24 passengers die in Tunisian bus plunge
TUNIS, Tunisia -- A bus plummeted off a hill in Tunisia on Sunday morning, killing 24 passengers who were on an excursion in the country's north, government officials said.
The regional bus, which was carrying 43 people and belonged to a private local company, veered off a winding road after the driver failed to maneuver a sharp turn and crashed at the bottom of a ravine, the Interior Ministry said.
Local media showed images of an overturned, crumpled bus with smashed windows at the foot of a hill.
Health Ministry spokesman Chokri Nafti said that the crash left 18 people injured. Some were taken to the nearby Amdoun and Beja hospitals, while the more seriously injured were transported to specialized hospitals in Tunis.
When it crashed, the vehicle was headed 115 miles west from the capital, Tunis, to Ain Draham, a local tourist spot renowned for its mountainous reliefs on the border with Algeria. Ain Draham is located at an elevation of more than 2,600 feet on the slopes of the Djebel Bir, one of the Kroumirie mountains.
Prime Minister Youssef Chahed interrupted a visit to the south of the North African country to return to the seat of government in Kasbah where a crisis center has been set up.
U.S. drone strike said to kill 5 Afghans
KHOST, Afghanistan -- A U.S. drone strike on a car carrying a woman who had just given birth in southeastern Afghanistan left five people dead, including the mother, three of her relatives and the driver, Afghan officials and family members said Sunday.
The strike in the Alisher district of Khost province occurred either late Friday or early Saturday, they said. The woman, Malana, 25, had given birth to a son, her second child, at home. But her health had deteriorated soon after and relatives had been taking her to a clinic. On their way home, their vehicle was hit.
After the strike, there was confusion about whether the newborn was among the victims. Later, it became clear that the baby had not been in the car. Turab Khan, a relative, said the boy was safe at home.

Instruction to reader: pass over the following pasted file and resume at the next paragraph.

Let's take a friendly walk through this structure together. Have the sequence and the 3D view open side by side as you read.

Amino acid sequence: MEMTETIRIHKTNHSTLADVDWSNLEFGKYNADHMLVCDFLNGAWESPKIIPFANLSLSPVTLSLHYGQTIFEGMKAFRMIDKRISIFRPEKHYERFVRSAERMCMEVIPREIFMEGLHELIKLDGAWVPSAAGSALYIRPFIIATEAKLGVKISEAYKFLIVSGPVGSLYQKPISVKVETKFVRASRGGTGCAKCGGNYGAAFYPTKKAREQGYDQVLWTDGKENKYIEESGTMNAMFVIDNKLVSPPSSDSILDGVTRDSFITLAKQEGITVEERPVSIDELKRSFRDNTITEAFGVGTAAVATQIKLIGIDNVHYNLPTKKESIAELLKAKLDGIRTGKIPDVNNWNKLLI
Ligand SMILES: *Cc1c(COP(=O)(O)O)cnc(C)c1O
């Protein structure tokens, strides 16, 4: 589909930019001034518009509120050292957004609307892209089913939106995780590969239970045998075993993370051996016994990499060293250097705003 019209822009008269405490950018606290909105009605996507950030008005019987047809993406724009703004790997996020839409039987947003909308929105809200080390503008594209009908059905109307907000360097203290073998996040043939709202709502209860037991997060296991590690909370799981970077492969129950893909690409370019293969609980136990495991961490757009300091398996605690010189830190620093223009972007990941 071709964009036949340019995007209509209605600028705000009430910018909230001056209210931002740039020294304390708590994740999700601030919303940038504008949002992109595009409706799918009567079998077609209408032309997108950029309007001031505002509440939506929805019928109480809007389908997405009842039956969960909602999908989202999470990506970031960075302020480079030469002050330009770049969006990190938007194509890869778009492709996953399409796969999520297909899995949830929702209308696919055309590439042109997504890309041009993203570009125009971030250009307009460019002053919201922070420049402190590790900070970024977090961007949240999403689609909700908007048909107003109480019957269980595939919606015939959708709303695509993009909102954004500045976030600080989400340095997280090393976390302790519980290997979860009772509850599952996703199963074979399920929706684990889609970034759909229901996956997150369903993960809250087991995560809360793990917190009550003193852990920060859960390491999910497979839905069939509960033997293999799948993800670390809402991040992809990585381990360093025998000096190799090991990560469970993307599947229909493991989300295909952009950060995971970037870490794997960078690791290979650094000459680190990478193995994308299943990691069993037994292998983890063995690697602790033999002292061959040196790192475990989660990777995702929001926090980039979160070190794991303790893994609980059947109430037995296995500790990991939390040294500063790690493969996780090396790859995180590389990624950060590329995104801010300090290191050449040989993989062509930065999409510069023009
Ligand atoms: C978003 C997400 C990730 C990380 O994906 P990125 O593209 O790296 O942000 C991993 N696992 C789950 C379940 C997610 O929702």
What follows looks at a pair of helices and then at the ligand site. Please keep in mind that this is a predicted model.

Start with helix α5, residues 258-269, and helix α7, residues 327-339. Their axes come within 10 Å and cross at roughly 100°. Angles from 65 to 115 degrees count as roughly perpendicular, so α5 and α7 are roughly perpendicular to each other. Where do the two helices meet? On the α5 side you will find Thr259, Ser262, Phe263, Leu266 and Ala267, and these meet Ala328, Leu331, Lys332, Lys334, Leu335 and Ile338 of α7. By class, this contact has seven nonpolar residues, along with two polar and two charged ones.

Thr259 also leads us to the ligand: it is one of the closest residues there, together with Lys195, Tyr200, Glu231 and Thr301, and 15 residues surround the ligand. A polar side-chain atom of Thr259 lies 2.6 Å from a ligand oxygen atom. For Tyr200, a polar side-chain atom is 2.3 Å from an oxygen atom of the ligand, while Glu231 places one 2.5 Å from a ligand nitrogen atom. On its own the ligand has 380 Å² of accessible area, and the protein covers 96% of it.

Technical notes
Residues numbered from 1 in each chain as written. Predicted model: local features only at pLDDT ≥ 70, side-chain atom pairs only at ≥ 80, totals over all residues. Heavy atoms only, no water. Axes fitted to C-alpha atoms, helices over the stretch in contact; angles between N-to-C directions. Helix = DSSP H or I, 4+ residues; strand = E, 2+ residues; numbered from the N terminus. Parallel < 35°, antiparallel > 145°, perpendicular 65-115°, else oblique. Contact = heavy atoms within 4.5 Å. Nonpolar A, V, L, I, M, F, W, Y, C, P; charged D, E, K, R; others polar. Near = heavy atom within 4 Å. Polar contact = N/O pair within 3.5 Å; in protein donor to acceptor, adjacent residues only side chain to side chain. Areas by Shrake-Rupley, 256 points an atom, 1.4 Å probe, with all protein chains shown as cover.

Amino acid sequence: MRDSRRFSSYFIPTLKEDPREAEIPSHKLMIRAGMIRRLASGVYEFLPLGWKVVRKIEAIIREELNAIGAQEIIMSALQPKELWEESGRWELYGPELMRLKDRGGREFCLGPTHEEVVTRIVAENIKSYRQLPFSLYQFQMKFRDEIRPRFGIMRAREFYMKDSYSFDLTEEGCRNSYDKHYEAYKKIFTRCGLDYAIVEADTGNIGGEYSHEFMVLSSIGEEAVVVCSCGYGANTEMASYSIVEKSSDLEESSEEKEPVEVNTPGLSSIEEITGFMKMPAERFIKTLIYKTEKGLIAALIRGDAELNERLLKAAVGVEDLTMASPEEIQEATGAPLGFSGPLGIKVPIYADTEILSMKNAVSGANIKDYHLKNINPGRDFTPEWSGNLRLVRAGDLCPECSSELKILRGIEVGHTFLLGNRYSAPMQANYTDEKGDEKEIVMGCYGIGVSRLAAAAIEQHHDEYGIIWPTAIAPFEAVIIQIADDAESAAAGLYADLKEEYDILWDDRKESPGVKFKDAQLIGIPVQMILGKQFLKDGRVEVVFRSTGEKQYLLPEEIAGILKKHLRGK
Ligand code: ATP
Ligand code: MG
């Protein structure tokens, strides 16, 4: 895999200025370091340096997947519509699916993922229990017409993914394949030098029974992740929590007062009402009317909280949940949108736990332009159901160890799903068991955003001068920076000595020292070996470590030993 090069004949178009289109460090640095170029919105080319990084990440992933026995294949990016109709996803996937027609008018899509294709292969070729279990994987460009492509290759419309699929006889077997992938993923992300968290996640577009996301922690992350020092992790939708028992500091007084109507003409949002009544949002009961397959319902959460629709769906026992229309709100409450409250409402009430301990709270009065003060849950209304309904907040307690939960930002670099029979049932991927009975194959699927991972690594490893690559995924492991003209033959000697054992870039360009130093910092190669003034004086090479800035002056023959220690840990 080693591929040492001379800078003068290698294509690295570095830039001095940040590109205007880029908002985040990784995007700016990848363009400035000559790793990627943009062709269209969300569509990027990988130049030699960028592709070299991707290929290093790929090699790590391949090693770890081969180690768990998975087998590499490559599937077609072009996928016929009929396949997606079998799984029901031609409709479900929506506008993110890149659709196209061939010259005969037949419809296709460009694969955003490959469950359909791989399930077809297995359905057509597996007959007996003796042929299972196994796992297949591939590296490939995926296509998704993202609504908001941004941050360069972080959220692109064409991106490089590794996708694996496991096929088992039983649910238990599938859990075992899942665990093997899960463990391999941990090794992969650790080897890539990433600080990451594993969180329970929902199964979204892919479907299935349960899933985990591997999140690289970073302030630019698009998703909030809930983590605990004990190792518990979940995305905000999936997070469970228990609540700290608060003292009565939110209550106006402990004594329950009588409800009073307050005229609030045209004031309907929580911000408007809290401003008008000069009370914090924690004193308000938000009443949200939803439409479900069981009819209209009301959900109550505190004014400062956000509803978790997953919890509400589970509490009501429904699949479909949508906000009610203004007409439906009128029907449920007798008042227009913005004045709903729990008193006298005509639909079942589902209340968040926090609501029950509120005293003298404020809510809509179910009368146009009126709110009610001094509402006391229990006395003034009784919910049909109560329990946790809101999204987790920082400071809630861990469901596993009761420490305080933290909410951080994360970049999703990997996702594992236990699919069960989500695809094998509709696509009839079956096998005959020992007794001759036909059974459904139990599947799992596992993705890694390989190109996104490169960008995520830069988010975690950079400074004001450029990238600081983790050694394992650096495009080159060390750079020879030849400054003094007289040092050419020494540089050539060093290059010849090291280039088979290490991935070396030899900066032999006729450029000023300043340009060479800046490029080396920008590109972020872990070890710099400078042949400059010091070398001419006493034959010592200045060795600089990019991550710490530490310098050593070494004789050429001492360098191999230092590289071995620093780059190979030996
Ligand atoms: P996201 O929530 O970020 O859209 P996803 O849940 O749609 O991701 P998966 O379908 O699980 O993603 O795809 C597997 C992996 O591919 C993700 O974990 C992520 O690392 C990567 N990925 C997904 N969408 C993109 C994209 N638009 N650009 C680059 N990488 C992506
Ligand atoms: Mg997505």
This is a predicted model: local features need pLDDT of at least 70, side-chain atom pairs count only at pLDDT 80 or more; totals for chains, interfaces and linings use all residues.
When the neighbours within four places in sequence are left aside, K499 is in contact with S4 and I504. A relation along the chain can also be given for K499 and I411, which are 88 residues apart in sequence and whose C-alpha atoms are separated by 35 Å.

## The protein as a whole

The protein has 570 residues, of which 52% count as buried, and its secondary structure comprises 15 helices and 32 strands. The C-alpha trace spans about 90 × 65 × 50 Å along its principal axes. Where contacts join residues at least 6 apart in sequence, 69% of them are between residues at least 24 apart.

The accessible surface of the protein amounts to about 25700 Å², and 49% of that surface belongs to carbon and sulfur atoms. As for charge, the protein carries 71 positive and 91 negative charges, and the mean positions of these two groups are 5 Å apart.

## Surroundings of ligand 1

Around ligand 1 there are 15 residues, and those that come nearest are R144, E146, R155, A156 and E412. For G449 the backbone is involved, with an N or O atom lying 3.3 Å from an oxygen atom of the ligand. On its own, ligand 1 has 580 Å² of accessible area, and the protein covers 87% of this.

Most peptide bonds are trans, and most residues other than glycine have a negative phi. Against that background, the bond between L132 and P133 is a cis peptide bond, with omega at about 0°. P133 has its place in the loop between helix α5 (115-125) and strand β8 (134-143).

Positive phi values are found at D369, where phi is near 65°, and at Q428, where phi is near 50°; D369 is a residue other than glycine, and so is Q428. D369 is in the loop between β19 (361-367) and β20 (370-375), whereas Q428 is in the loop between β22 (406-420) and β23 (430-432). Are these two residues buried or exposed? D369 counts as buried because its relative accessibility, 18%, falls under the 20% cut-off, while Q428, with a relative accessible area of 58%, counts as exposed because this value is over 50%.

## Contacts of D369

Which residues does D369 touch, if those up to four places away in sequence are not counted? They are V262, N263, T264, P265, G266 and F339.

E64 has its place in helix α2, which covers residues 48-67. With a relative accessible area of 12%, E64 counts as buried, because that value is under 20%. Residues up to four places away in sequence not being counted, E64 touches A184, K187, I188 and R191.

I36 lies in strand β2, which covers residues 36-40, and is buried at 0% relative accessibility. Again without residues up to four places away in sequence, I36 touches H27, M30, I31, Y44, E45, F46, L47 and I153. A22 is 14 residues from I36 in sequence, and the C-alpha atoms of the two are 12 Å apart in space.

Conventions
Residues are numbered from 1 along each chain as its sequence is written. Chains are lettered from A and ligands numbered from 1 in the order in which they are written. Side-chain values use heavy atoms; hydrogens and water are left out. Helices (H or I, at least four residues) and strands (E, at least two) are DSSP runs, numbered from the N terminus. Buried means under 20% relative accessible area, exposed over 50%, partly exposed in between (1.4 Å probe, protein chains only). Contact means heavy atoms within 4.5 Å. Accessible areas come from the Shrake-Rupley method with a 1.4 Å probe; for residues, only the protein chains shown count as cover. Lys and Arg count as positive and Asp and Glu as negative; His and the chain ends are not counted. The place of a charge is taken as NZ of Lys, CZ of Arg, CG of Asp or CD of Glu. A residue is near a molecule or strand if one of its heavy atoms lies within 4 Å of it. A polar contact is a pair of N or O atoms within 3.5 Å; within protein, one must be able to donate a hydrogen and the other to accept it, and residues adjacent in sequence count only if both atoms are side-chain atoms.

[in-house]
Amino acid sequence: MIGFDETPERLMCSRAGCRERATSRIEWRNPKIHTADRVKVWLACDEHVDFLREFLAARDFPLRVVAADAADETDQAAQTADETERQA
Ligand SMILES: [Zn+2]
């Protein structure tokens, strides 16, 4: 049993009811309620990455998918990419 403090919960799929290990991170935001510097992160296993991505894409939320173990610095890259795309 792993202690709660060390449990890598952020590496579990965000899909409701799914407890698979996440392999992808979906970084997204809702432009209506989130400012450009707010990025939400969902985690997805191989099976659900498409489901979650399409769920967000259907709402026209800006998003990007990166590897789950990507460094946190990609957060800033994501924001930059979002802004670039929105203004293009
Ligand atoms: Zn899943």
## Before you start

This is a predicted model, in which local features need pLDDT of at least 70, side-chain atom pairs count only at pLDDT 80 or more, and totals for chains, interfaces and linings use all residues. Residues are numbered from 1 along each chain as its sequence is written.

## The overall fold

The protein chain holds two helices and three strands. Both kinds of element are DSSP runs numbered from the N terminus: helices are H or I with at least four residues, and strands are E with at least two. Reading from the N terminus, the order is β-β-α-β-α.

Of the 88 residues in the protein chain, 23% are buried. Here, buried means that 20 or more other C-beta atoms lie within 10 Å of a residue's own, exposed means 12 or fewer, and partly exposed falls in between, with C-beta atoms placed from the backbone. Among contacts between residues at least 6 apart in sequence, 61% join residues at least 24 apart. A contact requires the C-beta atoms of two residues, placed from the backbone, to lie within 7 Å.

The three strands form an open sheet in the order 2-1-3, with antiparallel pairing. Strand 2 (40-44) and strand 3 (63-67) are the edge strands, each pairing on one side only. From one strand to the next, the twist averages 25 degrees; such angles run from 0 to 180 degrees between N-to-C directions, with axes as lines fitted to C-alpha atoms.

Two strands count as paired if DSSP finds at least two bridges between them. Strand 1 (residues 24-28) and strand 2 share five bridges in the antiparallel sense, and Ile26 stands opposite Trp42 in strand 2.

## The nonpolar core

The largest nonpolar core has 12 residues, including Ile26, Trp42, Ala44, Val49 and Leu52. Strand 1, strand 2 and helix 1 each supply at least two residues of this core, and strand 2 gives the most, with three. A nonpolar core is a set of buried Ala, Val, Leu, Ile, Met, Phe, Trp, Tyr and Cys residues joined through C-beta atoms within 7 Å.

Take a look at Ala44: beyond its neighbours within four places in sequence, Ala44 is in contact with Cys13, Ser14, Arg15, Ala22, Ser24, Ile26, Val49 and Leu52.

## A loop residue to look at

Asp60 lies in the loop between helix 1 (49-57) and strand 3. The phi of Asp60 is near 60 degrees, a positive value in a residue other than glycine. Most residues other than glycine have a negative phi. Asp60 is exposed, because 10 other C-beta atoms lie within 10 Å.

The U.S. military command in Afghanistan confirmed a strike in Khost, saying that three Taliban fighters had been killed. But the military said the strike occurred Thursday.
"We are aware of the allegations of civilian casualties and working with local authorities to determine the veracity of these claims," Col. Sonny Leggett, a military spokesman, said.
Convicted Suriname president returns
PARAMARIBO, Suriname -- More than 1,500 supporters welcomed Suriname President Desi Bouterse as he returned Sunday to the South American country just days after a court convicted him in the 1982 killings of 15 political opponents.
Bouterse dismissed the 20-year prison sentence that he received on Friday as he greeted supporters after an official trip to China.
"There is a lot of love in my party," he said during a news conference held at a nature resort close to the airport, adding that the decision by the panel of three judges was unexpected. "It was clear that the verdict was political."
Bouterse declined further comment, saying he was advised by his lawyer to not talk about the ruling. He said only that he would meet with his advisers and members of Parliament on the strategy to follow, adding that he is focused on the May 2020 general elections.
The court did not issue an arrest order for Bouterse after its verdict, and defense attorney Irvin Kanhai has appealed the decision.
The court verdict followed a trial that began in 2007 and faced multiple setbacks, including efforts by Bouterse to halt the legal proceedings and push through an amnesty law that was ruled unconstitutional.
Albania asks for foreign aid after quake
TIRANA, Albania -- Albania's prime minister said Sunday he has called on the international community for financial aid and expert assistance to help the country recover from a 6.4 magnitude earthquake that killed 51 people and left thousands homeless.
Prime Minister Edi Rama said the government was reshaping the budget to help deal with the crisis but that the country also needs international support.
"Simply, this is humanly impossible to do this [reconstruction] alone," Rama said at a Cabinet meeting.
Tuesday's quake that hit Albania's Adriatic coast also injured more than 3,000 people and left thousands homeless. The worst hit areas were the port town of Durres, a popular beach vacation spot for Albanians 20 miles west of the capital, Tirana, and the nearby northern town of Thumane.
The three quake-hit districts of Tirana, Durres and Lezha remain in a state of emergency and authorities there still have not decided when schools will reopen.
Durres Mayor Valbona Sako resigned Sunday morning after making remarks on Saturday that she was "pleased" only 50 people had died in the earthquake, saying that poor construction, building code violations and corruption were much to blame.
-- COMPILED BY DEMOCRAT-GAZETTE STAFF FROM WIRE REPORTS
A Romanian serviceman yawns Sunday before the National Day parade in Bucharest, Romania. Thousands turned out to celebrate the date when the country reunified with Transylvania in 1918.
A Section on 12/02/2019
Print Headline: U.S. drone strike said to kill 5 Afghans 24 passengers die in Tunisian bus plunge Convicted Suriname president returns Albania asks for foreign aid after quake